The University of British Columbia released today the summary of the fact-finding process and conclusions reached by Hon. Lynn Smith, QC. UBC accepts and will be guided by these findings.
The terms of reference for the fact-finding process, which were signed by the university and the Faculty Association, guided Smith’s impartial investigation of the following matter:
Whether John S. Montalbano, Chair of the Board of Governors, and/or individuals in the Sauder School of Business identified by the Faculty Association, conducted themselves in the events following Professor Jennifer Berdahl’s publication of her blog on August 8, 2015 in a manner that violated any provision of the Collective Agreement, the UBC Statement on Respectful Environment, or any applicable university policies including whether her academic freedom is or was interfered with in any way.
Smith concluded that:
- UBC failed in its obligation to protect and support Dr. Berdahl’s academic freedom. The Collective Agreement Preamble creates a positive obligation to support and protect academic freedom. Through the combined acts and omissions of Mr. Montalbano, the named individuals in the Sauder School, and others, UBC as an institution failed to meet that obligation with respect to Dr. Berdahl’s academic freedom.
- Montalbano, on his own, did not infringe any provision of the Collective Agreement, the UBC Statement on Respectful Environment, or any of the applicable university policies.
- No individuals in the Sauder School of Business identified by the Faculty Association, on his or her own, infringed any provision of the Collective Agreement, the UBC Statement on Respectful Environment, or any of the applicable university policies.
UBC will be guided by these conclusions and will take the following actions:
- Hire a specialist who will proactively work with faculty, staff, and governors to ensure that academic freedom is safeguarded and preserved at UBC. This person will provide advice, education, and counsel regarding all issues involving academic freedom, including the obligation of all members of the university to protect and support this central freedom.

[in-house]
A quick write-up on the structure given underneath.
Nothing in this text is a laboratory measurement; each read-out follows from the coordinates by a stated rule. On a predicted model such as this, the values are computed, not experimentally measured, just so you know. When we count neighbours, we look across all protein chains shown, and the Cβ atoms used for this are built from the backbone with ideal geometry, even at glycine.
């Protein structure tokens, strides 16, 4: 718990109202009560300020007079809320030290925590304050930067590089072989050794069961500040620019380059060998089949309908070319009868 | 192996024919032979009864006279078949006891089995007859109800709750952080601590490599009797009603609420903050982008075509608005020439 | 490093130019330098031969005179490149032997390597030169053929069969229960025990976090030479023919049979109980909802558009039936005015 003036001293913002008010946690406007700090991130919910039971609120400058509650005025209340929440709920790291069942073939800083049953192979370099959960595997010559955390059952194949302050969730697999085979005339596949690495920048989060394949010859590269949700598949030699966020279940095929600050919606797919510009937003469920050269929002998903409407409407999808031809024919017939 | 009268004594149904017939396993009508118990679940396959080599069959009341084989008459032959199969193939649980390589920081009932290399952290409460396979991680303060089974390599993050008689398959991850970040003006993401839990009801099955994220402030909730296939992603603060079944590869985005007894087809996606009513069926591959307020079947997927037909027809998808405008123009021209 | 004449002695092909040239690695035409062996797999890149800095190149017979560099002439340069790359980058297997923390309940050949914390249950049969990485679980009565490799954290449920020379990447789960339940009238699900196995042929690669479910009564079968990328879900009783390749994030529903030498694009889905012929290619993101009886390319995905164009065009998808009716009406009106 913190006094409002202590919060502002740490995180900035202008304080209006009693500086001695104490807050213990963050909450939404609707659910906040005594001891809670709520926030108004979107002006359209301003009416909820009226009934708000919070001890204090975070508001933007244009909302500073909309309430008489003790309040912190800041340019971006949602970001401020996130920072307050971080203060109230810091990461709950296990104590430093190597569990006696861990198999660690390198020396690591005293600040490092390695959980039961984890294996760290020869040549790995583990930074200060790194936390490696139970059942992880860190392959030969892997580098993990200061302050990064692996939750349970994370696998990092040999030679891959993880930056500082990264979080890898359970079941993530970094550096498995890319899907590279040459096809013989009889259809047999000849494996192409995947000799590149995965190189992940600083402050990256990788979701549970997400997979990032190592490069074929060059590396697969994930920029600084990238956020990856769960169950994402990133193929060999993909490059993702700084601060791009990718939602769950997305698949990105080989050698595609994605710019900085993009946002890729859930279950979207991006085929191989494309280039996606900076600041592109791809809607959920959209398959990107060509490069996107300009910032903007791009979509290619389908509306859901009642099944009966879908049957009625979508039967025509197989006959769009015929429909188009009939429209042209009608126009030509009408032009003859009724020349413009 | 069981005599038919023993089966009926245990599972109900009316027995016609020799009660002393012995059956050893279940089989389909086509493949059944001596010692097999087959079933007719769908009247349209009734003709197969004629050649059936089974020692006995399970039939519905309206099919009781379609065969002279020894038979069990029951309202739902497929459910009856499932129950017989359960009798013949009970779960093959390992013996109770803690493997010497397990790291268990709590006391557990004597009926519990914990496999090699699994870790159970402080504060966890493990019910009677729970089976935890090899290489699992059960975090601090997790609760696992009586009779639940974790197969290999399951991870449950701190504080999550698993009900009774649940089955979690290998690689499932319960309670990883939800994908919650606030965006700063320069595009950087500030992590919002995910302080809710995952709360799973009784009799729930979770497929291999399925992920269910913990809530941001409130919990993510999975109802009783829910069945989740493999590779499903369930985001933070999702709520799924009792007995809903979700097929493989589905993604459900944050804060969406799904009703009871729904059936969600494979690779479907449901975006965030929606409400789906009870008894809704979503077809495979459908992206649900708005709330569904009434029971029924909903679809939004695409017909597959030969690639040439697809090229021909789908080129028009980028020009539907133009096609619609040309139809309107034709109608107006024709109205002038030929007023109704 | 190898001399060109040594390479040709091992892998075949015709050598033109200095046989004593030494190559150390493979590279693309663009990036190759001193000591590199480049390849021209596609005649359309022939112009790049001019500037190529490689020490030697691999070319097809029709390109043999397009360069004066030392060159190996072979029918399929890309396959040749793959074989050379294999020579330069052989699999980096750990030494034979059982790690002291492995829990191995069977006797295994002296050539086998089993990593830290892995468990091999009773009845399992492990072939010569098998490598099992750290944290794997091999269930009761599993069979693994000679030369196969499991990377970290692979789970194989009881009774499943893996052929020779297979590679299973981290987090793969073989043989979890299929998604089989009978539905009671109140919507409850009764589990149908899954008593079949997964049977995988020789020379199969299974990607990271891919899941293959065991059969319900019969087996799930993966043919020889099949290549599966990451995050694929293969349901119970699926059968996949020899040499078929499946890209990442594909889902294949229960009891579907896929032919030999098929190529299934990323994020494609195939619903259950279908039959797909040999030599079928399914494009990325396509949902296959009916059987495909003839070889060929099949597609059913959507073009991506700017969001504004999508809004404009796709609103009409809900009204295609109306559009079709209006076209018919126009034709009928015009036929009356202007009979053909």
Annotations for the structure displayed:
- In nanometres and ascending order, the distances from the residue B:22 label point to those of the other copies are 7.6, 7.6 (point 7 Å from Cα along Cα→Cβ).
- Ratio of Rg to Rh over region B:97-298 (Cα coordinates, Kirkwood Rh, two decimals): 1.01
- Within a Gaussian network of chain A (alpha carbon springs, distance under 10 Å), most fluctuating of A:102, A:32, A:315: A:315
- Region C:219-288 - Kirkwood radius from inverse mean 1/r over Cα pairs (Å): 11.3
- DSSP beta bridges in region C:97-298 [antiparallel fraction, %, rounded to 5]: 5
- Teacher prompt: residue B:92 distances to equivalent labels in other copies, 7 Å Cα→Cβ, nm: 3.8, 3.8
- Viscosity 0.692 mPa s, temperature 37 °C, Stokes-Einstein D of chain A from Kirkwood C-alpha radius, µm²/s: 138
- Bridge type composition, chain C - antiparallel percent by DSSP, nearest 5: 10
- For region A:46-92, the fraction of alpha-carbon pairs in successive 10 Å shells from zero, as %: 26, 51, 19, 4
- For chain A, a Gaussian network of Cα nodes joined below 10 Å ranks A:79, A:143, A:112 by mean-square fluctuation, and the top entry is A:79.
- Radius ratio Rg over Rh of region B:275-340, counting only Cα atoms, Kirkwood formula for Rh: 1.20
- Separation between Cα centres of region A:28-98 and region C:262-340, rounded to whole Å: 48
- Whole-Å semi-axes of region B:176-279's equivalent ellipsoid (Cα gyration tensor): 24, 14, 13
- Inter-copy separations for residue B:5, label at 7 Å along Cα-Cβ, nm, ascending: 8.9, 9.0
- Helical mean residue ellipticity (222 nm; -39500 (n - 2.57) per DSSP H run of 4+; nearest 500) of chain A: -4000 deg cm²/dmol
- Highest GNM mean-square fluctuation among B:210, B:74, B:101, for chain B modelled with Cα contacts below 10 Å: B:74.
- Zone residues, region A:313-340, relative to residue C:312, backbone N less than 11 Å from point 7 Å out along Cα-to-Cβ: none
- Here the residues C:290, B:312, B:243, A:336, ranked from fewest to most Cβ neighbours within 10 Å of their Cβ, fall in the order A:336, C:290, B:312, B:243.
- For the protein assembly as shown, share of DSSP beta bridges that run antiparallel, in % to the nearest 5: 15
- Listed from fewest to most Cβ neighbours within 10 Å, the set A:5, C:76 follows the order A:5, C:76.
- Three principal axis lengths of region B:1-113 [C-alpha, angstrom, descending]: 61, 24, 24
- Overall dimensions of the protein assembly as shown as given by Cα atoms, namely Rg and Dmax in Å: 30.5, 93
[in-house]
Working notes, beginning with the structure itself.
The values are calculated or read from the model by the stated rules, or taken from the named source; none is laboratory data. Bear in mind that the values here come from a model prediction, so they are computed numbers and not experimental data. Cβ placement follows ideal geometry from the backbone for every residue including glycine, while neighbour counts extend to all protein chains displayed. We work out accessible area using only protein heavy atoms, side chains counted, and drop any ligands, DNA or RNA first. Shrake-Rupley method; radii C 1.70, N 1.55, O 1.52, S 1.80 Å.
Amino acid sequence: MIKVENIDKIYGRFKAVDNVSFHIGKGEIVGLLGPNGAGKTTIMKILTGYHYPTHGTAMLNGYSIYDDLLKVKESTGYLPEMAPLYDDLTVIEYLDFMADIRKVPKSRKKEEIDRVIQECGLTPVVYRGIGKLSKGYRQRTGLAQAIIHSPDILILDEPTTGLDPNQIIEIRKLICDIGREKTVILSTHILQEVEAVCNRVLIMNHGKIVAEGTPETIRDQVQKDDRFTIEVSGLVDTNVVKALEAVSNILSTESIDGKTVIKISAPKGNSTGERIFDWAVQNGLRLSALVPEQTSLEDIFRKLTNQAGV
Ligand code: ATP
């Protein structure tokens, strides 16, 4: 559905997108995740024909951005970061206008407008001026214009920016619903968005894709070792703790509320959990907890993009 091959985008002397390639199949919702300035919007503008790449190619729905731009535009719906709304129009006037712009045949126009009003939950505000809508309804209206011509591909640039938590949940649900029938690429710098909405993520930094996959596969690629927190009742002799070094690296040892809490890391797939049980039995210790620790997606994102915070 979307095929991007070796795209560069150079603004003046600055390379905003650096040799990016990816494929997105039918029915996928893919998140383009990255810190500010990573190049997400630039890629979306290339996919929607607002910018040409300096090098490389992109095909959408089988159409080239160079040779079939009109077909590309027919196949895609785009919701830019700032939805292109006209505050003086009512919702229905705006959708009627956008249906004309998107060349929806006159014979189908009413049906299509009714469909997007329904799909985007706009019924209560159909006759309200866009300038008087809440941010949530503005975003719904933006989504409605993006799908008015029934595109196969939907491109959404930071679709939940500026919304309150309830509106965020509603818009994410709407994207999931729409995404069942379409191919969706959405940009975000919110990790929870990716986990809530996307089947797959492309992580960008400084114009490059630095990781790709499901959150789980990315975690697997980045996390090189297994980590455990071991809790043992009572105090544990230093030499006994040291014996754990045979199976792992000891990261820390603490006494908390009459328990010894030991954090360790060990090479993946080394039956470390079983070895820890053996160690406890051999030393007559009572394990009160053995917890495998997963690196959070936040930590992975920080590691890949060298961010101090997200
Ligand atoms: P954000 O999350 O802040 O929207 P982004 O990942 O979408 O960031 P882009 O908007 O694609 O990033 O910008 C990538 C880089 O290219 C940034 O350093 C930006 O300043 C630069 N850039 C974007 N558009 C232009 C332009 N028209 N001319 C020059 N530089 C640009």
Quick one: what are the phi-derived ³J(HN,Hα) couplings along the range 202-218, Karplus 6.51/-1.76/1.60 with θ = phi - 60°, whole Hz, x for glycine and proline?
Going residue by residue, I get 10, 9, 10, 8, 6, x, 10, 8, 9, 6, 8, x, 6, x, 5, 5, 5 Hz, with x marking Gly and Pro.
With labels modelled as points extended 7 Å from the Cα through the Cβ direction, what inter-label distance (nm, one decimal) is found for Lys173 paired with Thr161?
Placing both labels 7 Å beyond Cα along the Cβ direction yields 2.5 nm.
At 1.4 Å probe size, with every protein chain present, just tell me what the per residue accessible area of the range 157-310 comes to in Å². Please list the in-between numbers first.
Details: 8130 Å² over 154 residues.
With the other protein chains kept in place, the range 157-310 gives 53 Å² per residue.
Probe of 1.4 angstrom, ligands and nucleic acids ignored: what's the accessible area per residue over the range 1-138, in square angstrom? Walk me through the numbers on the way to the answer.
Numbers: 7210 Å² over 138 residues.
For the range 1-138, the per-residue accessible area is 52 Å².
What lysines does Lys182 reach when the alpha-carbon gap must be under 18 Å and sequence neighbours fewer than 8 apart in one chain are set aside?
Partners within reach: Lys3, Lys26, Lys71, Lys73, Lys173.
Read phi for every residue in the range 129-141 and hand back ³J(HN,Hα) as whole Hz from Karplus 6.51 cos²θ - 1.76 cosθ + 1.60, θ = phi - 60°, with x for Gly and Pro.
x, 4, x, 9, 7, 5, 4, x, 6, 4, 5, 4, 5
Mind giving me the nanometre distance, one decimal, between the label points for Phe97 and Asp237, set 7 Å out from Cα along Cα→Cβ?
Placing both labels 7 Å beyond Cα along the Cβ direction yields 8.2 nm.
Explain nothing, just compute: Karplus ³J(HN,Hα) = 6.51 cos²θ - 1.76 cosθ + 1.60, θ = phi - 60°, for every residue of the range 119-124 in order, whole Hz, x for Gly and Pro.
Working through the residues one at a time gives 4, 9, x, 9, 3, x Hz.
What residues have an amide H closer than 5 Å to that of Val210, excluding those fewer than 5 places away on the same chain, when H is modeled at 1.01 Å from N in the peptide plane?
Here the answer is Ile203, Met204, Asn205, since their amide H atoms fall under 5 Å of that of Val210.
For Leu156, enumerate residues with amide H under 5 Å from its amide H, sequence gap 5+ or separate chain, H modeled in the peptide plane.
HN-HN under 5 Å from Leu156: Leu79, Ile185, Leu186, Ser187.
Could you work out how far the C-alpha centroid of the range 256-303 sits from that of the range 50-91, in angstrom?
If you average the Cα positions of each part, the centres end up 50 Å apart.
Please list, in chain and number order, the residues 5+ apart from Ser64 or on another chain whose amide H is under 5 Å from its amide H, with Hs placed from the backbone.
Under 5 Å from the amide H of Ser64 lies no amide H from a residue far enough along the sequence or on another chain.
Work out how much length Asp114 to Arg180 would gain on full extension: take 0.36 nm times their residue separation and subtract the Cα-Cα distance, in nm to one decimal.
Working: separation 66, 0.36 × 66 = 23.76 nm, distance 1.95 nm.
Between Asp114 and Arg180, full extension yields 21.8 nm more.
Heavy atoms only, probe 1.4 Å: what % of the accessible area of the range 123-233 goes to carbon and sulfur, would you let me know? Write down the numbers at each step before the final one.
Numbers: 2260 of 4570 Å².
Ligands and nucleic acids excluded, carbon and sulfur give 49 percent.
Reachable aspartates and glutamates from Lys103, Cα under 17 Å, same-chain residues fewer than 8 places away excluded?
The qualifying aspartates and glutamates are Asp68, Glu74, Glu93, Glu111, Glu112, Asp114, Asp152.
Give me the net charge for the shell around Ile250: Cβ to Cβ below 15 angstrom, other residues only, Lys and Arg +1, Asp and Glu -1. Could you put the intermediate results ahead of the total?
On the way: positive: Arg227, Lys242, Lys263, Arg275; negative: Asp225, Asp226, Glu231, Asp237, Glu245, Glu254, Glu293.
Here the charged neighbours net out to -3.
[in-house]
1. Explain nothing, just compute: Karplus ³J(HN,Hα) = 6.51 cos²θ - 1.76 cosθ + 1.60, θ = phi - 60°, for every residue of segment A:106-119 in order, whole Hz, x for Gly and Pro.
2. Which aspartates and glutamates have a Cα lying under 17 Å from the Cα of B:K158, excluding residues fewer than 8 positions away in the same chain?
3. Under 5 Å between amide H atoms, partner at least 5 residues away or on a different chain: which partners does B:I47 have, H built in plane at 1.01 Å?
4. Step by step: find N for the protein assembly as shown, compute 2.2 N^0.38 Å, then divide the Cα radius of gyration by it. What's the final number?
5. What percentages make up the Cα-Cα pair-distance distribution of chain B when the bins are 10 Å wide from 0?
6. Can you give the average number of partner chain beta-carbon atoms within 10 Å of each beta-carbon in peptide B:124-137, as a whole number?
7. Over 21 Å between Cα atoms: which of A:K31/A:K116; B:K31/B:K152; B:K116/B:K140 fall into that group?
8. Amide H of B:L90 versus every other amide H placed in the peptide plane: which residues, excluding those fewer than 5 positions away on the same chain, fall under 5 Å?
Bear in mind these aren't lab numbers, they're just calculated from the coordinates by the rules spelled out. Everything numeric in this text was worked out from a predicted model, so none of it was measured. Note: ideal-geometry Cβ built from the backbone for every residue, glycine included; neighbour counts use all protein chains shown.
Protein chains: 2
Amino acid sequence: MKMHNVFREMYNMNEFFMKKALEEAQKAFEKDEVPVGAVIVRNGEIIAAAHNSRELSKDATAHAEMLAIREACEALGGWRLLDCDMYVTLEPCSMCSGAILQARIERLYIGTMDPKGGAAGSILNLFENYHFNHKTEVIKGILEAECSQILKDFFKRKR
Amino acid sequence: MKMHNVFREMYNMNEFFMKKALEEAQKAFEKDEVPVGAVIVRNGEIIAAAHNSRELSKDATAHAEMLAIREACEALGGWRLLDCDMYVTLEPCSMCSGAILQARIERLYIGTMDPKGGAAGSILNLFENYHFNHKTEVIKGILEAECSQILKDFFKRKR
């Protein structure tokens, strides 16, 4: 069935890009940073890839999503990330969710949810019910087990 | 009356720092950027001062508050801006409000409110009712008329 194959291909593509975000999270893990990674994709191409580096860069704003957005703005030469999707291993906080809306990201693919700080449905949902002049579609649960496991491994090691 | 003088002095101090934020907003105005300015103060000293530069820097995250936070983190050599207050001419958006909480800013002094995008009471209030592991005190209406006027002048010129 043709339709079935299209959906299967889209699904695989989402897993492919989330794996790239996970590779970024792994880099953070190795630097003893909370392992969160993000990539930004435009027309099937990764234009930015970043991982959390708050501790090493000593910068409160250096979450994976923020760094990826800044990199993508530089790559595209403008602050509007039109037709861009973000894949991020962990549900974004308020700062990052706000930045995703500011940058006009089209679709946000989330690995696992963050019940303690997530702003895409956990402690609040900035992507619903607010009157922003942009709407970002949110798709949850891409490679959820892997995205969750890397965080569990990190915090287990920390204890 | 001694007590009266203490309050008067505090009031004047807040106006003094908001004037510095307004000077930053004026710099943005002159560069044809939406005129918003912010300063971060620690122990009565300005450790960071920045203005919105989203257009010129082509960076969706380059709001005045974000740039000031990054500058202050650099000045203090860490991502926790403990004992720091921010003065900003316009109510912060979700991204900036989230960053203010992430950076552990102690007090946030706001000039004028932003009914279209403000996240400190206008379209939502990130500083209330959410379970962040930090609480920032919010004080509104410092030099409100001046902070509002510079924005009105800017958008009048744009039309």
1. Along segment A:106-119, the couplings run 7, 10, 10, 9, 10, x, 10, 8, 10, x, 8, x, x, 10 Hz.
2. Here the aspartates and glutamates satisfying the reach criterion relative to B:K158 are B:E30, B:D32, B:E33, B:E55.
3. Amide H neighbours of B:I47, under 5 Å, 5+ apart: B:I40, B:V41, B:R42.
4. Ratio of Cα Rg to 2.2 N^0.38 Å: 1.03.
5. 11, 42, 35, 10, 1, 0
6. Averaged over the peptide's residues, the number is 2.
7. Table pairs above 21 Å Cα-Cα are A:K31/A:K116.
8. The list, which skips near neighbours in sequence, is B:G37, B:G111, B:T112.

- Create an education program that would be aimed at all new faculty members, heads, directors, administrators and deans, regarding how to fulfill their obligation to protect academic freedom.
- Develop an online tool to allow people to access information on what academic freedom is, how to manage academic freedom issues, and answers to frequently asked questions.
- Develop a more formalized module on academic freedom as part of the orientation/on-boarding process for all new governors and senators.
“On behalf of the University of British Columbia, I would like to sincerely thank the Hon. Lynn Smith for undertaking this thorough and independent fact-finding process and for delivering a thoughtful report,” said Interim President, Dr. Martha Piper.
“UBC’s positive obligation to support and protect academic freedom is not well understood by our university community. In essence, this positive obligation means that it is not enough to tacitly endorse academic freedom, but rather, we must proactively express our commitment and intention to support and protect academic freedom.”
“Academic freedom is at the very heart of the university’s ability to do its job; it is written – I hope indelibly – into the social contract between Canadian society and our institutions of teaching, learning, and research. One of our most important functions, at UBC and at other post-secondary institutions, is to question – to interrogate the status quo, from the nature of our social and political assumptions to the details of our scientific understanding. It is part of a long academic tradition that every opinion – every imagined ‘fact’ – must be open to rigorous analysis and tireless review. Only by such scrutiny do we come to a better understanding of what we know, and of what we may yet learn.”
“It is the responsibility of every member of our university community, not just our academic leaders, to support and defend this basic value, a cornerstone of universities. If we falter, our collective creativity, our productivity, our democracy may be at risk – thereby endangering the very strength and security of our society.”
On behalf of the UBC Board of Governors, Douglas Mitchell, QC, Chair of the Governance Committee said, “As noted in the Hon. Lynn Smith’s report, no individual intended to interfere with Dr. Berdahl’s academic freedom. However, while the UBC Board of Governors reaffirmed its confidence in John Montalbano’s leadership, he advised the board last night that, in the best interests of the university, he is stepping down from the UBC Board of Governors both as a member and as its Chair, effective immediately. Demonstrating the leadership qualities which have garnered him much respect among his board colleagues, Mr. Montalbano has made this decision in order to ensure that the university is able to have a positive relationship with all stakeholders.
“The Board of Governors collectively expresses their gratitude for Mr. Montalbano’s service to UBC and his support for the Sauder School of Business, and are unanimous in thanking him for his many contributions and strong leadership.”
- Hon. Lynn Smith Summary Report: http://president.ubc.ca/files/2015/10/Summary-of-Process-and-Conclusions-Final.pdf
- Terms of Reference: Fact-Finding Process: http://president.ubc.ca/files/2015/08/tor_fact_finding.pdf